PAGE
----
We’re introduced to Hilary Duff’s Sharon Tate through grainy mock-film stock that’s the trademark of low-budget movies set in the past. Duff is the main reason to watch The Haunting of Sharon Tate and makes a compelling case for the movie. Farrands and cinematographer Carlo Rinaldi capture Duff with all the sweetness and light you’d expect from Tate. In certain scenes the sun shines and she’s downright angelic. When captured from certain angles the resemblance is pretty damn uncanny, too. Compared to early photos of Margot Robbie in Tarantino’s Tate feature, costume designer Susan Doepner-Senac and makeup/hair stylists Romie Macedo and Lindsey Petersen did their homework and speak to a reverence Farrands and crew have for the material. Duff has the two-tone hair Tate was known for, as well as her trademark eyebrows and long eyelashes. Give them a round of applause for knowing what Tate looked like and honoring that.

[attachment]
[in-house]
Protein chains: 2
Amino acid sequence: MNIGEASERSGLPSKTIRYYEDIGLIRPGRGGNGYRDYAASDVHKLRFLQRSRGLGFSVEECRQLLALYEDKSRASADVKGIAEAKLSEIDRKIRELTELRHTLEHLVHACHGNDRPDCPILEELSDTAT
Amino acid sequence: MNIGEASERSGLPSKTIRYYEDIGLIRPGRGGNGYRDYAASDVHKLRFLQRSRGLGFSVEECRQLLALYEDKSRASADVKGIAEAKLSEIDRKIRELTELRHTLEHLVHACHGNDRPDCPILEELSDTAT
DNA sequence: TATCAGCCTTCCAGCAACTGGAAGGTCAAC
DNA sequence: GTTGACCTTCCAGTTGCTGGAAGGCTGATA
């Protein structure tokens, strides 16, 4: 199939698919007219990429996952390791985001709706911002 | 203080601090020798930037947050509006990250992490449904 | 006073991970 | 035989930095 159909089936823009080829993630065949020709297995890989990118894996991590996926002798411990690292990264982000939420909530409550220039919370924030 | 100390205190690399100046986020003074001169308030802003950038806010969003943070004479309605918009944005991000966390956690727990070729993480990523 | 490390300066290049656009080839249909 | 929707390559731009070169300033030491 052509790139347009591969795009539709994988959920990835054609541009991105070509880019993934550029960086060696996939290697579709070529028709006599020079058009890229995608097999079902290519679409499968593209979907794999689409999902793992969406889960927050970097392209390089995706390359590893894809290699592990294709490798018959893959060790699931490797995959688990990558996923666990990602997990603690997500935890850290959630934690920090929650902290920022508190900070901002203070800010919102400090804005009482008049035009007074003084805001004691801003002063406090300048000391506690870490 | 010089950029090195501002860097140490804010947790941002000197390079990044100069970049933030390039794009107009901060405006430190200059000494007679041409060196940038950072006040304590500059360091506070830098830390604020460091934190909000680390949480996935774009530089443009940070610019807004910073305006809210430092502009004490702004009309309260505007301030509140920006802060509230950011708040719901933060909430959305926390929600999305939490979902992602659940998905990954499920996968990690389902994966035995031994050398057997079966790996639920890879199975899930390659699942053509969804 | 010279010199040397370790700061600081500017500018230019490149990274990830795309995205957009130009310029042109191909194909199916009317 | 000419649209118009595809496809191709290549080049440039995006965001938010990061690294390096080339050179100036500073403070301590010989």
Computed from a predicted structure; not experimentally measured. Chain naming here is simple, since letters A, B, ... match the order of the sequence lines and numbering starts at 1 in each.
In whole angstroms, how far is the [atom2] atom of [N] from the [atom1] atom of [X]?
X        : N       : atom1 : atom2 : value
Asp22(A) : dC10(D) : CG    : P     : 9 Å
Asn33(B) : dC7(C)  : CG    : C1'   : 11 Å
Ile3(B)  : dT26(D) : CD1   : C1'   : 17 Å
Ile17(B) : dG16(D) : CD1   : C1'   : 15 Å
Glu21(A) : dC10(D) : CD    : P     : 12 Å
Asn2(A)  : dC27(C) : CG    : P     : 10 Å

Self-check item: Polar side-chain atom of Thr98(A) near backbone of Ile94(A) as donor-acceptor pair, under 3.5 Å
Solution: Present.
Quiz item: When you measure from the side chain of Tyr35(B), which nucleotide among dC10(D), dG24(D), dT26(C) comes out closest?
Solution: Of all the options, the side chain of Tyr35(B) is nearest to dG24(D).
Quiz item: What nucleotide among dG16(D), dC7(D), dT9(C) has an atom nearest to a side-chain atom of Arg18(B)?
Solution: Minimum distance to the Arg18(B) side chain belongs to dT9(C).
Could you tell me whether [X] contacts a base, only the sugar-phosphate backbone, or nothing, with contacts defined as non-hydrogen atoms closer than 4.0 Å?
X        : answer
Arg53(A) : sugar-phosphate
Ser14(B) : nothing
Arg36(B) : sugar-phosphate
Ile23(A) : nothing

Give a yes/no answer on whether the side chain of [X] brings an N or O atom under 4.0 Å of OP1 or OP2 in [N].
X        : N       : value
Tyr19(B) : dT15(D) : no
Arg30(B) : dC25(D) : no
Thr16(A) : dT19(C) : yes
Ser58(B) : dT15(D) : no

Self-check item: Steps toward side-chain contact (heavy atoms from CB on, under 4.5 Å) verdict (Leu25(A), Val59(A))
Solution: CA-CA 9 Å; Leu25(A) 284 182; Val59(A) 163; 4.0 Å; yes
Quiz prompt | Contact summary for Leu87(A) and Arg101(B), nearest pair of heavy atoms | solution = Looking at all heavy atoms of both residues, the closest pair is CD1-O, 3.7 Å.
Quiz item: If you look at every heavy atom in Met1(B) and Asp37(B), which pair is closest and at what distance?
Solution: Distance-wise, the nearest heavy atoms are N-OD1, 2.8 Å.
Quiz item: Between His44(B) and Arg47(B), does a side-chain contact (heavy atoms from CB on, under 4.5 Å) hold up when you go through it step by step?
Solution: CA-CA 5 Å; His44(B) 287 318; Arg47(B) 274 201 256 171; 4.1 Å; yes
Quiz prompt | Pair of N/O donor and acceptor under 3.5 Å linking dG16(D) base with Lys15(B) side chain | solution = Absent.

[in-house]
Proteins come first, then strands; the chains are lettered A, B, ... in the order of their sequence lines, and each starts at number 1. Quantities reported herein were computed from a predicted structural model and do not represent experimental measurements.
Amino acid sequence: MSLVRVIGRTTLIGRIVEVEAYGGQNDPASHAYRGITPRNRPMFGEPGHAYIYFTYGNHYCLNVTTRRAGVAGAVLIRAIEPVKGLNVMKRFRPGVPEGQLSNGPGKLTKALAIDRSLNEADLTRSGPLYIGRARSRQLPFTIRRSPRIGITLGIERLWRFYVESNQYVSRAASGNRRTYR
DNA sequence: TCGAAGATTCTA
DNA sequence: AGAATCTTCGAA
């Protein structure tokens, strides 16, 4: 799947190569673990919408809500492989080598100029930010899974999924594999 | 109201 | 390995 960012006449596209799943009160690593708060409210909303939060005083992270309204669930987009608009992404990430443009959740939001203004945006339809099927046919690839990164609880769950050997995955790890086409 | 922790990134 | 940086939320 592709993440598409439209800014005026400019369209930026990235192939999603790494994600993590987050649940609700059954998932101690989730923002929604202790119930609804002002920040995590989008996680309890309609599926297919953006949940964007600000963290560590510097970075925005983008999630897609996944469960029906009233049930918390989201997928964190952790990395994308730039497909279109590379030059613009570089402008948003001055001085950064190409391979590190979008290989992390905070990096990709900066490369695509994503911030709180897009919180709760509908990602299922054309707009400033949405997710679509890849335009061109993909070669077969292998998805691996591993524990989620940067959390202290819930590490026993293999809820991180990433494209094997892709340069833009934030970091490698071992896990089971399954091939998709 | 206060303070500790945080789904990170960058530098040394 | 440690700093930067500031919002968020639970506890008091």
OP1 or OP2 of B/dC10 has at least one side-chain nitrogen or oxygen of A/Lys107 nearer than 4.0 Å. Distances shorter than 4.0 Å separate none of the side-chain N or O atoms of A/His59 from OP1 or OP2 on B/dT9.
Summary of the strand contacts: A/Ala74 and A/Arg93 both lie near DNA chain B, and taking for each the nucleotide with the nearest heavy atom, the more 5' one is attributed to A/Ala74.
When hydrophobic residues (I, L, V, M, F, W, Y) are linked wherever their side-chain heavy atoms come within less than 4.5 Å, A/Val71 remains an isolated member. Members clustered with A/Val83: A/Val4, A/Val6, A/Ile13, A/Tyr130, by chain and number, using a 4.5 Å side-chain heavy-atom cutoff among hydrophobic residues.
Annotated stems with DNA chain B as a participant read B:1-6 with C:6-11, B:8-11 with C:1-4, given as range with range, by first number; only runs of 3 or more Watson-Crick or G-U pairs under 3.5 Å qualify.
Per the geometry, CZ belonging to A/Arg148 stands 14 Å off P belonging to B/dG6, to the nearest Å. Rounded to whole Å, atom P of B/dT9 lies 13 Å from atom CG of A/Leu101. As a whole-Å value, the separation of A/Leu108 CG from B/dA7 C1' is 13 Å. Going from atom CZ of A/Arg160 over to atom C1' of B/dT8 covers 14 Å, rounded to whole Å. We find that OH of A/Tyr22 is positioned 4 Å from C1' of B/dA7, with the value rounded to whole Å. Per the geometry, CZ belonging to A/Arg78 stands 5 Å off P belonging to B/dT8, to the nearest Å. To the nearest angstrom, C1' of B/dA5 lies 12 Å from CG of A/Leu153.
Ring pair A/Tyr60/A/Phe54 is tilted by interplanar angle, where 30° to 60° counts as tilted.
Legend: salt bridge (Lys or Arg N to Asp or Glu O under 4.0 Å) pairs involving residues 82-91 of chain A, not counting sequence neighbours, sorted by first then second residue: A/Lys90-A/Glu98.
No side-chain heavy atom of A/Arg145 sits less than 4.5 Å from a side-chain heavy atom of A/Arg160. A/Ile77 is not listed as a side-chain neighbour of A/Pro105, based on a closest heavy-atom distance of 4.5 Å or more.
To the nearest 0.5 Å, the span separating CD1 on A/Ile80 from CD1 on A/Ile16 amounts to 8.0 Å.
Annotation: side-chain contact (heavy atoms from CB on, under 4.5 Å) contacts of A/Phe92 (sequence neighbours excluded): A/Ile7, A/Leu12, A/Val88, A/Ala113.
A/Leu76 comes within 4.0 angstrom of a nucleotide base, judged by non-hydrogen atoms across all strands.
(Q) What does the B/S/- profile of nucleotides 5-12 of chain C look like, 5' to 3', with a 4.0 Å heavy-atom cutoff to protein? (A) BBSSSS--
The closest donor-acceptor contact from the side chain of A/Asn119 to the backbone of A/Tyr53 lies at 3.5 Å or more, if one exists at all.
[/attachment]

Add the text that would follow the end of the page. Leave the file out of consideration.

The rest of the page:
As far as Duff’s acting, the actress understands the right tone to strike in every scene. The script wants to set up a world of confusion and mounting dread, making Tate herself no different from Rosemary Woodhouse of Rosemary’s Baby fame. When Tate arrives at her new home she’s disconcerted to see friends/house sitters Abigail Folger and Wojciech Frykowski have effectively taken it over, with rumors swirling about their weird friends. (This movie alludes to Folger and Frykowski having some complicity, but never examines things further.) At one point she calls husband, Roman Polanski, to explain her fears only to be rebuffed. Just like other women in cinema, the world’s most well-known murder victim is told she’s hallucinating. It’s actually a fascinating talking point considering most don’t know what happened to Tate in those three days. If she truly did think something bad was on the horizon, would anyone have believed her? Duff makes her fear and frustration palpable leading up to the confrontation with “the Family” and once the bombastic climax happens you root for Tate not simply because who wouldn’t, but because Duff makes you empathize with her as a a character.